Children’s Defense Fund
Baby dolls, tiny trucks, toy food and dress-up capes. Scattered about the ballroom of a motel in Northeast Washington, D.C., and captured in a Washington Post column by Petula Dvorak, these hallmarks of child’s play are not merely a sign of productive imaginations – they’re evidence of a larger child and family poverty crisis that must end in our affluent nation.
Twenty minutes outside the city’s downtown, a stretch of budget motels along a major highway serve as overflow shelters for homeless families in the nation’s capital. They have strict rules about where children are seen and heard. Signs dotting the hallways announce “No Playing on the Hotel Premises” and children are forbidden from gathering in common spaces.
The Homeless Children’s Playtime Project, a local nonprofit, reserves event spaces to carve out areas where children can be children. However, the lack of space and high cost of reserving ballrooms and conference halls means pop-up playtimes are much too limited.
Away from the hustle and bustle of Capitol Hill, where big deals are made and bills become laws, the motels — and the 1,000 homeless children within them — are largely out of sight and out of mind. Other shelters are similarly isolated.
Until it closed in October 2018, the city’s largest family shelter was D.C. General, an abandoned former public hospital whose neighboring buildings included a jail and a morgue. Out of direct view and tucked into the nooks and crannies of a dense, bustling city, it is too easy to overlook out-of-sight homeless children.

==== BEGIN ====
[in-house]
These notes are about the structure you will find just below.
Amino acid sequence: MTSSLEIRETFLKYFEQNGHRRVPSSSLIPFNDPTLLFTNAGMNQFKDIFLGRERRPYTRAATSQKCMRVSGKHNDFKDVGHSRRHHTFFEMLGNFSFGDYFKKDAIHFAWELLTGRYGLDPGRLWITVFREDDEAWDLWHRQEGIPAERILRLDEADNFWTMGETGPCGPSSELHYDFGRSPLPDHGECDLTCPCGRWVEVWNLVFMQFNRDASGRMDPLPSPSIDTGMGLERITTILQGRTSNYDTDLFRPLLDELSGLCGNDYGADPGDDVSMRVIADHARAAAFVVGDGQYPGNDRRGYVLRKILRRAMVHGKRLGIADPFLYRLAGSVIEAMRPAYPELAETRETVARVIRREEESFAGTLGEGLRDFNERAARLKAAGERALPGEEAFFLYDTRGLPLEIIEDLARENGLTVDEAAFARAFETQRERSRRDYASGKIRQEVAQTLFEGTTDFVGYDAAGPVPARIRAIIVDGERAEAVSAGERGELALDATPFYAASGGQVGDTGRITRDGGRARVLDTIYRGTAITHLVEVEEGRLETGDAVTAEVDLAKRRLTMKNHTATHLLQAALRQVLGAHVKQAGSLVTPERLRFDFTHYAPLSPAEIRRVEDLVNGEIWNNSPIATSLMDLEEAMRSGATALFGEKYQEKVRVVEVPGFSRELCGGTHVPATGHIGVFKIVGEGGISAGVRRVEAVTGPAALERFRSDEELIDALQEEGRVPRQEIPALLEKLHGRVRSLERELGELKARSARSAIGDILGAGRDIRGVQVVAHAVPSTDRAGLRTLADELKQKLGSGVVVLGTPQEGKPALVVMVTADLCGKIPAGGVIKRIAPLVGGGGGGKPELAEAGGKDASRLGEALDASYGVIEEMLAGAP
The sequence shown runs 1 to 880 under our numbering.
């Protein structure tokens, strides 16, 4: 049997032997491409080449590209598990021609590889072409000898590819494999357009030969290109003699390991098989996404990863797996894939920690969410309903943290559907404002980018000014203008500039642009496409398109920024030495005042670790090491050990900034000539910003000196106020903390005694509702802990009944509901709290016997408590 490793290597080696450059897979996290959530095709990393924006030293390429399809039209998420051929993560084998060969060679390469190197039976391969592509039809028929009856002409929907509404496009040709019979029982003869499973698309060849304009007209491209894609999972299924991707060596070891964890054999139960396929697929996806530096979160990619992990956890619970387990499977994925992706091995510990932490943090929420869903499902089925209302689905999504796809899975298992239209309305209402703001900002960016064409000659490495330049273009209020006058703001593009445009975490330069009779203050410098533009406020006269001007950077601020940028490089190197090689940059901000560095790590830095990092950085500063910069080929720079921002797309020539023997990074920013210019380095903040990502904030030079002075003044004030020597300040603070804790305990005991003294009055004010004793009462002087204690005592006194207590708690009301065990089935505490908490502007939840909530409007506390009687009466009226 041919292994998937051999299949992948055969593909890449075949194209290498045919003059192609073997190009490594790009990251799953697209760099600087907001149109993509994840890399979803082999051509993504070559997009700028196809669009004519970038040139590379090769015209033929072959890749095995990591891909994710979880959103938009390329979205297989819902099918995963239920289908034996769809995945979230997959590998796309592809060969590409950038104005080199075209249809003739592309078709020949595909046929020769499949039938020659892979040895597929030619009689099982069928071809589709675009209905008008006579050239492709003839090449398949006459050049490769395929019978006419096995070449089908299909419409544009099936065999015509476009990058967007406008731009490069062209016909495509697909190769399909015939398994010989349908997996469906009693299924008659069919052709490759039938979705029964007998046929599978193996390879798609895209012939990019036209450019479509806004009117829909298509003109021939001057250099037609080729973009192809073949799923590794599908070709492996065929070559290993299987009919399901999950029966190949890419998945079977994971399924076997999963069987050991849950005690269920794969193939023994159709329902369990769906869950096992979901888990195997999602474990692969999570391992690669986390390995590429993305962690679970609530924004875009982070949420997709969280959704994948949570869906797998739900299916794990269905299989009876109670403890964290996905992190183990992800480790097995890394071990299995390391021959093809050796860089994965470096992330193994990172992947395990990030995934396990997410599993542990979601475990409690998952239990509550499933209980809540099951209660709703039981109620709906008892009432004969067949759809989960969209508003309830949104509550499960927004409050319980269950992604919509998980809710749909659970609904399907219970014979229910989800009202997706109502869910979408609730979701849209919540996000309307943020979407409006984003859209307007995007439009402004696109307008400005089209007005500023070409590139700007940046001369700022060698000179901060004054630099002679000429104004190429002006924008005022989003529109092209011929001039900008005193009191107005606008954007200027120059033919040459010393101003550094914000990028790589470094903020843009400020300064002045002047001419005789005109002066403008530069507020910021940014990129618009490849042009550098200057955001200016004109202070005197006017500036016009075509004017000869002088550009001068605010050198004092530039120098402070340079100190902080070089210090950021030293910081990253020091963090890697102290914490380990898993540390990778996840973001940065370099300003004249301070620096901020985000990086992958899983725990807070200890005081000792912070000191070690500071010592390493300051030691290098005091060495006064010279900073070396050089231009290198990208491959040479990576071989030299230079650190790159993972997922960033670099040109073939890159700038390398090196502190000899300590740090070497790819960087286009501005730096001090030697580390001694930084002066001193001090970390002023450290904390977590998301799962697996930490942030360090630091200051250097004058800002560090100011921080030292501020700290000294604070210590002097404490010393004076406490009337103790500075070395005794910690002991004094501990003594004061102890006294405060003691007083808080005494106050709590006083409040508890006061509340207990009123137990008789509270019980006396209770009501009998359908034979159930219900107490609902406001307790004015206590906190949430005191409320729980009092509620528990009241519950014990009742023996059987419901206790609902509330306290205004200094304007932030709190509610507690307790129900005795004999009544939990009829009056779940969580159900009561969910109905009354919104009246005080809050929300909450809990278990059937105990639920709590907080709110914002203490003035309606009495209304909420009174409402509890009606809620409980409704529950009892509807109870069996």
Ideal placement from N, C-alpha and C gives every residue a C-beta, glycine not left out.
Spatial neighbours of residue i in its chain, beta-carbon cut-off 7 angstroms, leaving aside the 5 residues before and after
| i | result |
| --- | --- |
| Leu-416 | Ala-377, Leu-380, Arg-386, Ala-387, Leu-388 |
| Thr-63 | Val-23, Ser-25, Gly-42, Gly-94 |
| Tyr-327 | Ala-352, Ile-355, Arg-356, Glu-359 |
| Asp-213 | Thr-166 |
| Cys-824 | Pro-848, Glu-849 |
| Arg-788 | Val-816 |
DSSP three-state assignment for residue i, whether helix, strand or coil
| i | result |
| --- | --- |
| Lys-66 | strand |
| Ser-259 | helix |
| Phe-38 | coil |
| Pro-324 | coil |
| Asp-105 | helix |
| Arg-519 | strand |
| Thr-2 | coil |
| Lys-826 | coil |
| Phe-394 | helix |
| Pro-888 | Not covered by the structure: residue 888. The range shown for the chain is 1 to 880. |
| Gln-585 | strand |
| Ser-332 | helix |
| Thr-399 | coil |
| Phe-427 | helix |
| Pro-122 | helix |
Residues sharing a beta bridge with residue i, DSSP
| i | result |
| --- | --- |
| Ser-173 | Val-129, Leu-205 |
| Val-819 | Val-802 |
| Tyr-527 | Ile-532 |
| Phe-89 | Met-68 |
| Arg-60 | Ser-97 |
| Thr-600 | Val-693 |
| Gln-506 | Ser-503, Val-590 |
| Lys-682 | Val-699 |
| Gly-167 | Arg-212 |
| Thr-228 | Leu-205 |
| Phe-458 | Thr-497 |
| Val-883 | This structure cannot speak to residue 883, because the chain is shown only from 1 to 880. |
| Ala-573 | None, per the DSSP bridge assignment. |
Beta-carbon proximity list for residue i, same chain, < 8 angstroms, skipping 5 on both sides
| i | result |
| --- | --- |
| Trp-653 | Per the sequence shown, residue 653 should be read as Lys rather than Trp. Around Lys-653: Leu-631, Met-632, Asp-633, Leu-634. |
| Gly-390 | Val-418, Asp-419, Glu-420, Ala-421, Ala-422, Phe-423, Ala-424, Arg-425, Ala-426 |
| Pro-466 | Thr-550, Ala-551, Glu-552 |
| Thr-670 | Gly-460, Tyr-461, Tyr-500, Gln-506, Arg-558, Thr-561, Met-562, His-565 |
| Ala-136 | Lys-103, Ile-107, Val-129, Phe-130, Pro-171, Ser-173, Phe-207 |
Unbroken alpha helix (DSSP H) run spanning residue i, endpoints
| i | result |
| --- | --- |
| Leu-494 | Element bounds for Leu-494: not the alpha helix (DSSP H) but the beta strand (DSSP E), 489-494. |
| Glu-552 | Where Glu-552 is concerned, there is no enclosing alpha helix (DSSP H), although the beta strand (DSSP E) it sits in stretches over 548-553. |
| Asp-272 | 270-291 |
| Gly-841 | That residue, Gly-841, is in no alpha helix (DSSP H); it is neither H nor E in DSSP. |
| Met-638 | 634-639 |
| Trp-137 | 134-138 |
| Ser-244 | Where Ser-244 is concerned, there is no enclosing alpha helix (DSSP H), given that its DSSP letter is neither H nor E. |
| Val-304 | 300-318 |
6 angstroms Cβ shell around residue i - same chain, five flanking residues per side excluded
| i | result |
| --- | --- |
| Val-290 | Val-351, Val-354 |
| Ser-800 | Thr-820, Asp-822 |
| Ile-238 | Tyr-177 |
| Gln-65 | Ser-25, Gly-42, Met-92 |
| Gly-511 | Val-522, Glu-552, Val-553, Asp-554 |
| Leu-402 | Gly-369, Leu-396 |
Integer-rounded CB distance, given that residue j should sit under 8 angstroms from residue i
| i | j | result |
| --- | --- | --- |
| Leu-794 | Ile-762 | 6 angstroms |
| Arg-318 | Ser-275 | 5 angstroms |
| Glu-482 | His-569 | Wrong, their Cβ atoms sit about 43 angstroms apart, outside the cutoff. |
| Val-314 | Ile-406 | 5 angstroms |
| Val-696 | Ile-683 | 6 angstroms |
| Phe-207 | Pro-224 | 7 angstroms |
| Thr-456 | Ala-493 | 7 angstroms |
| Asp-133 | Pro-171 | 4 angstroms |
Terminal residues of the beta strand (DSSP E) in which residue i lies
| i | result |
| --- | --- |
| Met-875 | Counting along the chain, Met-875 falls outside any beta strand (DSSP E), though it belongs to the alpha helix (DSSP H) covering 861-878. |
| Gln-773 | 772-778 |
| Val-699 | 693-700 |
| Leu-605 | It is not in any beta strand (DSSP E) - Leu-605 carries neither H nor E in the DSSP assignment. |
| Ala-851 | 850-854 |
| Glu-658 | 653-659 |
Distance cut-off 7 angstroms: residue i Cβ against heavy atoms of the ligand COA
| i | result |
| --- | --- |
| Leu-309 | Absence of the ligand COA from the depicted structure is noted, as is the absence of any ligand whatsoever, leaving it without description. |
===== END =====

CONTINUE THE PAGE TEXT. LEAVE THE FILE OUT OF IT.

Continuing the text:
Until tragedy strikes.
Eight-year-old Relisha Rudd was abducted from the D.C. General homeless shelter in March 2014. Relisha loved art and baby dolls and would exuberantly spell V-I-C-T-O-R-Y on her school’s cheer team.
For months, Relisha’s disappearance dominated the news cycle and brought the glare of national attention to D.C. General. City officials, pundits, locals and anonymous online commenters heaped blame on Relisha’s family, her teachers and her social workers. But assigning blame did nothing to bring Relisha home. Five years have passed and Relisha is still missing.
Why do we fail to see our poor children until their faces stare at us from a missing child poster? Why do we blame parents rather than blame our broken, unjust system that fails to provide affordable housing for families?
Thousands of Relishas live everywhere among us, without safe places to live and grow up. They are homeless because housing is too expensive and their parents’ jobs pay too little; unaccounted for because affordable quality child care is out of reach; finding pockets of playtime in motel ballrooms because play is otherwise forbidden; hurting because poverty hurts.
It’s time to stop assigning blame and start taking action. Next week the Children’s Defense Fund will release a new edition of our report Ending Child Poverty Now with an urgent call to action.
We must make poor children’s struggles visible to our political leaders and policymakers at all levels of government and in every state and community. We must lift up child poverty solutions that work, including a higher minimum wage, housing assistance vouchers for struggling parents, transitional jobs programs and child care assistance.
We must keep children front and center, invisible no longer.
Marian Wright Edelman is founder and president emerita of the Children’s Defense Fund, whose mission is Leave No Child Behind. For more information, visit http://www.childrensdefense.org.